Sleep Environment

12 Sleep Environment Tips for Insomniacs

  • Your bedroom should have a relaxed and peaceful atmosphere for sleeping.Soothing colours for your walls and décor, such as muted, dusty shades of blue, green or yellow are often associated with calmness and relaxation. Keeping your room uncluttered, tidy and clean also helps put your mind at ease when you are trying to sleep. A calm environment helps many people with insomnia.
  • Keep your bedroom as dark as possible while sleeping.Turn off all your light-emitting gadgets and close the blinds. Use blackout blind/curtains or a sleep mask if necessary. And if possible, refrain from reading your tablet, computer or smartphone in the hours preceding sleep.Studies have shown that exposure to room light before bedtime shortens melatonin duration by about 90 minutes compared to dim light exposure. In addition, exposure to room light during usual hours of sleep suppresses melatonin levels by more than 50%. Light can be a significant factor with insomnia.
  • Avoid blue and other types of artificial light. Artificial light mimics natural light and can be a contributing factor in insomnia.
  • Dim lights at least an hour before bedtime. This tells your body it is time to transition into sleep mode. Use blackout curtains-shades or a sleep mask to ensure total darkness for optimal sleep.
  • Keep noise down, as much as possible. If you can’t avoid or eliminate neighbour, traffic, or other noises in your household, try masking it with a fan or sound machine. Earplugs may also help. Keep your TV off when sleeping, as changing tones and volumes can interrupt sleep. For some people, eliminating noise can result in a significant improvement in their insomnia.If a pet regularly wakes you during the night, consider keeping it out of your bedroom.
  • Temperature – Keep your room cool, but not cold.Most people sleep best in a slightly cool room (around 60°– 67°F or 18° -20° C ) with good ventilation. A bedroom that is too hot or too cold can interrupt quality sleep and be a contributing factor to insomnia.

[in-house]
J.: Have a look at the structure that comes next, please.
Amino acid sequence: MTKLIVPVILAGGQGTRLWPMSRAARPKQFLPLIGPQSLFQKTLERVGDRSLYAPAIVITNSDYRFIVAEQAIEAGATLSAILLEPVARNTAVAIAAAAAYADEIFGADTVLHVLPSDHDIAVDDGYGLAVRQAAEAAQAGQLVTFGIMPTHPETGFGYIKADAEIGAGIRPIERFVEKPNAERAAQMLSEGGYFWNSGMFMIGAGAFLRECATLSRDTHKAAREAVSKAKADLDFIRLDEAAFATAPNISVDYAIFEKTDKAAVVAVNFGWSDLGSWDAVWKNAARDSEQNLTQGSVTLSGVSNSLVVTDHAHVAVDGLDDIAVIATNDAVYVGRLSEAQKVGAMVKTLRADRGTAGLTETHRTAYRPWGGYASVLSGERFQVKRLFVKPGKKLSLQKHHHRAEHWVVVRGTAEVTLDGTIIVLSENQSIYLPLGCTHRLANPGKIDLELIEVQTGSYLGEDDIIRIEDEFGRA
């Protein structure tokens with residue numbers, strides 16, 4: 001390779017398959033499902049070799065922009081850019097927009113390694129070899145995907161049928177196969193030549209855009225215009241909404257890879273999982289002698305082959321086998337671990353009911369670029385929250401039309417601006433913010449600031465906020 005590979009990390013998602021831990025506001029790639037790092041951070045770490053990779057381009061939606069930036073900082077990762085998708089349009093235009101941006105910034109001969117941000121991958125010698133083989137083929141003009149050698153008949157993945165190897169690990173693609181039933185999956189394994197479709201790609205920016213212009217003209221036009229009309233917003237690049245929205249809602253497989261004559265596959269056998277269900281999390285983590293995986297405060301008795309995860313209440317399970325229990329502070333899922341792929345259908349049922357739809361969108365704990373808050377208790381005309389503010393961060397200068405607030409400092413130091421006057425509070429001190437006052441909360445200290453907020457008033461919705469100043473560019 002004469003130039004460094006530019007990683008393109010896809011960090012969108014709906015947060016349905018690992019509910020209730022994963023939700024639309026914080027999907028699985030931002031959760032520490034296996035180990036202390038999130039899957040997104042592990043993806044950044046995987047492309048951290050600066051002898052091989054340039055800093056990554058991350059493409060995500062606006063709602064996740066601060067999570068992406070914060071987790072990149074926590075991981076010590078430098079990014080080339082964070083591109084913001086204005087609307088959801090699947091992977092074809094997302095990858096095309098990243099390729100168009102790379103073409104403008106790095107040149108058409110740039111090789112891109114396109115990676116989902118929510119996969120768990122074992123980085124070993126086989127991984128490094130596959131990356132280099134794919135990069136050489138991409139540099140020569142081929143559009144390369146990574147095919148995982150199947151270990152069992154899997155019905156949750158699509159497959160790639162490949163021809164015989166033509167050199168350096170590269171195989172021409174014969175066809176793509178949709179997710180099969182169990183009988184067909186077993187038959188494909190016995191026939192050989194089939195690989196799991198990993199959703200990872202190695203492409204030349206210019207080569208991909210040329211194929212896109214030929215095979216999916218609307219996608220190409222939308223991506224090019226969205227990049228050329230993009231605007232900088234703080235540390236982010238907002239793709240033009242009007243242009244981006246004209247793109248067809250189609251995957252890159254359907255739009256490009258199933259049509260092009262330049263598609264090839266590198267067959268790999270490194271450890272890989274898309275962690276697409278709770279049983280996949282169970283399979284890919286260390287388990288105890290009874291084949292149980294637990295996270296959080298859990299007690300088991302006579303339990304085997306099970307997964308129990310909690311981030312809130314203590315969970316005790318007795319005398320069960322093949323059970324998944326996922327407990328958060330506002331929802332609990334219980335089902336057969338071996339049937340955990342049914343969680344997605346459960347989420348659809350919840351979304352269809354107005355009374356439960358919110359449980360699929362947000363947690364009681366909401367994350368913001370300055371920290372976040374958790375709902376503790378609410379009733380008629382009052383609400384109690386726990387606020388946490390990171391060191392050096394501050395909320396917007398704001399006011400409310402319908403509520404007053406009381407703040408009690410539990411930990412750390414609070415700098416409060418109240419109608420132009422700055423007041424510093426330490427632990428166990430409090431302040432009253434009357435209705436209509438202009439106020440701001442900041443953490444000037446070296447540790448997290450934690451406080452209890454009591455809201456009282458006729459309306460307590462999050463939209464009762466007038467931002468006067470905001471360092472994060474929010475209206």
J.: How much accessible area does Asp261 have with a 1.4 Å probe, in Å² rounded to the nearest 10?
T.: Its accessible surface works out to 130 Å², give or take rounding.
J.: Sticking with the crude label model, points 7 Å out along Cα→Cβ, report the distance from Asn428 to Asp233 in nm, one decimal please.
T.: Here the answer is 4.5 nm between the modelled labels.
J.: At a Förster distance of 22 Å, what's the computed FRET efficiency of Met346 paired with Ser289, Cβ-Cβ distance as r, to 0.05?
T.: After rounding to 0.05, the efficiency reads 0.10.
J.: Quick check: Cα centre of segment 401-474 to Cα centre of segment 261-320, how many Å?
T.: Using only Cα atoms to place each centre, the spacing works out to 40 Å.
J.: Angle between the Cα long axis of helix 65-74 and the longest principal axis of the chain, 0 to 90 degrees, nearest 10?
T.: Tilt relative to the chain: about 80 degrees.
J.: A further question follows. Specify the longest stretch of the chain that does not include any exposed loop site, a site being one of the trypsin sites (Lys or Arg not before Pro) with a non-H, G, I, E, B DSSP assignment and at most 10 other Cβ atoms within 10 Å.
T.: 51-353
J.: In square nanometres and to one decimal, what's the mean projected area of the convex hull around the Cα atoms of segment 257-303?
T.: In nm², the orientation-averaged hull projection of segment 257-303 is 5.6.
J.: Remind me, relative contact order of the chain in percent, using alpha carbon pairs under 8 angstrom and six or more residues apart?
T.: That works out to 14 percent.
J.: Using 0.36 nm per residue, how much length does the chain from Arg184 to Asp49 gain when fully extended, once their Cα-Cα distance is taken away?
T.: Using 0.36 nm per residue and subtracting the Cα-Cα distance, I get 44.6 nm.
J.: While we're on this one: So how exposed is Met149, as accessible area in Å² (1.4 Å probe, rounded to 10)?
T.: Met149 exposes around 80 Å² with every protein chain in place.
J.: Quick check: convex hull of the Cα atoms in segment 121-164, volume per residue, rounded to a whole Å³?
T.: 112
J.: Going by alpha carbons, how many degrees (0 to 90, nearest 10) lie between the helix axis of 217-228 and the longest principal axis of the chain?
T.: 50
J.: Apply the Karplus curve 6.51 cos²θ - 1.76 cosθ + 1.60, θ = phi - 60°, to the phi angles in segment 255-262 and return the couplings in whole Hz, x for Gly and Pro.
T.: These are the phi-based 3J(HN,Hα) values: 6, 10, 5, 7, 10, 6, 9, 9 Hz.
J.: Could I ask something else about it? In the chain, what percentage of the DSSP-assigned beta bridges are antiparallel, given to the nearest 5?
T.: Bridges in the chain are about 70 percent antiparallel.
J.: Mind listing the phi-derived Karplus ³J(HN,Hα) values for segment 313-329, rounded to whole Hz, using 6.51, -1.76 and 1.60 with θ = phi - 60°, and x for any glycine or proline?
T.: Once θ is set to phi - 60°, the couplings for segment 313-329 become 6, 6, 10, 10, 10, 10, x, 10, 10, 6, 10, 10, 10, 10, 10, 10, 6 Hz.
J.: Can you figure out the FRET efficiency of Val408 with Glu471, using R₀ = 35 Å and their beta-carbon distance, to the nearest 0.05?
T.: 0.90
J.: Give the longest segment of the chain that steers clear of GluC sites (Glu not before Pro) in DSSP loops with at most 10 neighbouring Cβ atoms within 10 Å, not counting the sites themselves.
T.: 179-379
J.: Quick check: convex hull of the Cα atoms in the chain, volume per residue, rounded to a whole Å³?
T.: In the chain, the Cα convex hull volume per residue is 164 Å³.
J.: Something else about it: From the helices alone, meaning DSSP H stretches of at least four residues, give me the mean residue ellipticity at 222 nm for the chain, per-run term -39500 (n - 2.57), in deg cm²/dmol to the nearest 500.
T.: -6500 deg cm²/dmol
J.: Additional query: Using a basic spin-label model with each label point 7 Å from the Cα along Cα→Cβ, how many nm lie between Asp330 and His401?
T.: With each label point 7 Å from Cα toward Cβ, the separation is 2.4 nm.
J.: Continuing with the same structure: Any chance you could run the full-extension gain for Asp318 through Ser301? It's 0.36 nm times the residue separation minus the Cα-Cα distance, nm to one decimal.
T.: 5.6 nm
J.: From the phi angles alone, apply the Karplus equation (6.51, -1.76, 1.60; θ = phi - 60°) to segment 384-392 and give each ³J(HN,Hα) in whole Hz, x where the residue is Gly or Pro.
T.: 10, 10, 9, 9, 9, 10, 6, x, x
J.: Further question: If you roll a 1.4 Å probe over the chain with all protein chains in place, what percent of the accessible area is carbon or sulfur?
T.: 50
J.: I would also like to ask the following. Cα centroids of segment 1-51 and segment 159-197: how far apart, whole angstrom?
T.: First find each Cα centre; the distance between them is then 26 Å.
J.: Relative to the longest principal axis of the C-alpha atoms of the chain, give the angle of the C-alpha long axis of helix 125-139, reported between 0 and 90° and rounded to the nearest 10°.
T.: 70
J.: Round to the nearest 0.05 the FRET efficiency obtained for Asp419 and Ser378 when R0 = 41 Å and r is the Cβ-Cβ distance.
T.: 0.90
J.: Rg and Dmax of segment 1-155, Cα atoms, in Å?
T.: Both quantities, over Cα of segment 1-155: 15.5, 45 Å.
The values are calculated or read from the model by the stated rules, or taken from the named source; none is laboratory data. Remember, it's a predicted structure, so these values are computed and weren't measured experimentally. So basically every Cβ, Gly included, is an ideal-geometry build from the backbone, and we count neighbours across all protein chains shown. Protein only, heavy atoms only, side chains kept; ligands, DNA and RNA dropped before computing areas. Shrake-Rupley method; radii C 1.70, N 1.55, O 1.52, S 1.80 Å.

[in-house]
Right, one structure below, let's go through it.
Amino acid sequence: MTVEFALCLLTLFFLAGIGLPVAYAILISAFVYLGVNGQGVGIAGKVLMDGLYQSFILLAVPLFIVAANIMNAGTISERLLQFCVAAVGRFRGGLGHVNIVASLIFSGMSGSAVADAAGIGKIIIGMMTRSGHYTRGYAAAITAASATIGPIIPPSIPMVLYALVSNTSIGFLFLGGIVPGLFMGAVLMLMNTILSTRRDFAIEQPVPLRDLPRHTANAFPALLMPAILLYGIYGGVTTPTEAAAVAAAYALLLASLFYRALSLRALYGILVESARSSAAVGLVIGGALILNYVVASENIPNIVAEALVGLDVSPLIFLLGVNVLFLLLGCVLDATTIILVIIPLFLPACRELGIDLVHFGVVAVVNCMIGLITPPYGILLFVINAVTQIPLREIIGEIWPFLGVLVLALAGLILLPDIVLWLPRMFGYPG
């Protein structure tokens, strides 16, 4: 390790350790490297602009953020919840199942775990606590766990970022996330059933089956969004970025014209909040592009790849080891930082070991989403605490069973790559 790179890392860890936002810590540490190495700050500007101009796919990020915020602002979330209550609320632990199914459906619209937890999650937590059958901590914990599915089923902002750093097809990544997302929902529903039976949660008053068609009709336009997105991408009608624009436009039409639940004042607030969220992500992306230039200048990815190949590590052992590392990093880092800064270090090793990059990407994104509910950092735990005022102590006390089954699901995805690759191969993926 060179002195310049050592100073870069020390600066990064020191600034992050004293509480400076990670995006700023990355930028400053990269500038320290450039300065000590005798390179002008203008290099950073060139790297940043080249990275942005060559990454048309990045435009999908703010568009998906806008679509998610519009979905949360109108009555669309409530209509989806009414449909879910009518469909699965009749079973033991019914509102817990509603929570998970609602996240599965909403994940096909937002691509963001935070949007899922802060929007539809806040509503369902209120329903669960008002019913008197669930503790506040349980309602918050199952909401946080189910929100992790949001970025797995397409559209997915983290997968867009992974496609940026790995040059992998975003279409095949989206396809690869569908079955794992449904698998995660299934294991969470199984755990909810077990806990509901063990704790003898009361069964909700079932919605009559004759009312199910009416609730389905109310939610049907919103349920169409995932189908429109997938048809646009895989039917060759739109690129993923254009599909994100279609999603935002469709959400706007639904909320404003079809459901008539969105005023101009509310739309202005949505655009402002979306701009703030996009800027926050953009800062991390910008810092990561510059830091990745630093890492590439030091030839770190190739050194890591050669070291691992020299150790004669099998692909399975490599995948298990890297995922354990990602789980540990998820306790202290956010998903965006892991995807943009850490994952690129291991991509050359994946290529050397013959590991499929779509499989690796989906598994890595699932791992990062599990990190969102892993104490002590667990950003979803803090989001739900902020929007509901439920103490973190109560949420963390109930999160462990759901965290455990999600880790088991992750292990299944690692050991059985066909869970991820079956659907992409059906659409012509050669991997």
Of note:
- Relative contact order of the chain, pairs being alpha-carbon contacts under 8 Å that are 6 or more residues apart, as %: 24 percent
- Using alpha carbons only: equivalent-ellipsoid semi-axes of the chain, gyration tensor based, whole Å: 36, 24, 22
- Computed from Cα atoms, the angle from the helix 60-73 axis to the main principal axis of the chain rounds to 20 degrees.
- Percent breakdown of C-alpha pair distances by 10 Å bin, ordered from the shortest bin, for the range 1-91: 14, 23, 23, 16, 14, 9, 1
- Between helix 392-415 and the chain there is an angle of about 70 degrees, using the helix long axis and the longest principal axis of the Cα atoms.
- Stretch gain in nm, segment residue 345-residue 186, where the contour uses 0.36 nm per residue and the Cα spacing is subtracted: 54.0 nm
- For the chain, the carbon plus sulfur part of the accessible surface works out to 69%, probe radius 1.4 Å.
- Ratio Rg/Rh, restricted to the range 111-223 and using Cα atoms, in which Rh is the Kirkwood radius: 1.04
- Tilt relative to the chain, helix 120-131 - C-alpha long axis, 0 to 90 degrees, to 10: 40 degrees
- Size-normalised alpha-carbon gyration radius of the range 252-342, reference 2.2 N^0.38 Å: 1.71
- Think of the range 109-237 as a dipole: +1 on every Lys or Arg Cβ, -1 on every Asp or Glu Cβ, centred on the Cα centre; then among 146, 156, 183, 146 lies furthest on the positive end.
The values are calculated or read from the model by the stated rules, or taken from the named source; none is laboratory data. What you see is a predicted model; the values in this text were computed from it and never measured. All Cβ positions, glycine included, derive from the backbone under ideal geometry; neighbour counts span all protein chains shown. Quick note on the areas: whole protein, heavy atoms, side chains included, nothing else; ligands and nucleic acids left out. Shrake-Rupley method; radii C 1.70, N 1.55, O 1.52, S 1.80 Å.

• Reserve your bed for sleeping. By not working, watching TV, or using your computer in bed, your brain associates the bedroom with just sleep and sex, making it easier to wind down at night.
  • Your room isn’t your gym, office, or playroom. To train your mind to associate your bedroom with sleep, get rid of all the stuff that is a potential distraction. Put your treadmill in anotherroom,relocate the computer, work desk, and any other distractions that may be feeding your insomnia.If your bedroom is where your office is, it can keep your mind busy and anxious about work, because you correlate the room with busy work.For people who don’t have sleep problems it doesn’t matter. However, for others it increases their insomnia.
  • Get rid of the TV. It is far too easy to watch your TV before bedtime when it is in the room. Engaging programs can keep your mind awake as you get sucked into the story.TVs emit blue light, which can trick an insomniac’s production of melatonin into slowing down. When there’s light, your body doesn’t produce as much melatonin, a hormone that promotes sleep, making it more difficult to fall asleep.For the same reasons you shouldn’t have a TV or computer in your bedroom, you also shouldn’t have a tablet, laptop, portable game console, or e-reader in the room either. Most of these devices emit light and distract you from sleeping.
  • Move alarm clocks away from your bed. Adjust the position and location of your alarm clock so the LED clock numbers are facing away from your bed. For many insomniacs the digital display is a constant reminder to look at the time. In turn, they start worrying about losing sleep. Worry turns into anxiety, which leads to even more lost sleep.The best position for your alarm clock is on the other side of the room. This keeps you from worrying about time and prevents you from hitting the snooze button.
  • Cellphones. If you must have your cell phone in your bedroom, eliminate unwanted light at night by flipping your phone over. Many phones light up by an incoming text, email, or push notification, that may distract you from sleep or even wake you from sleep.
  • Check Your Mattress. A poor quality or old mattress can sometimes be a panacea for someone with insomnia. The average life span of a good quality mattress is 8 to 10 years. As a rule, the more severe the insomnia, the more you should spend on a mattress.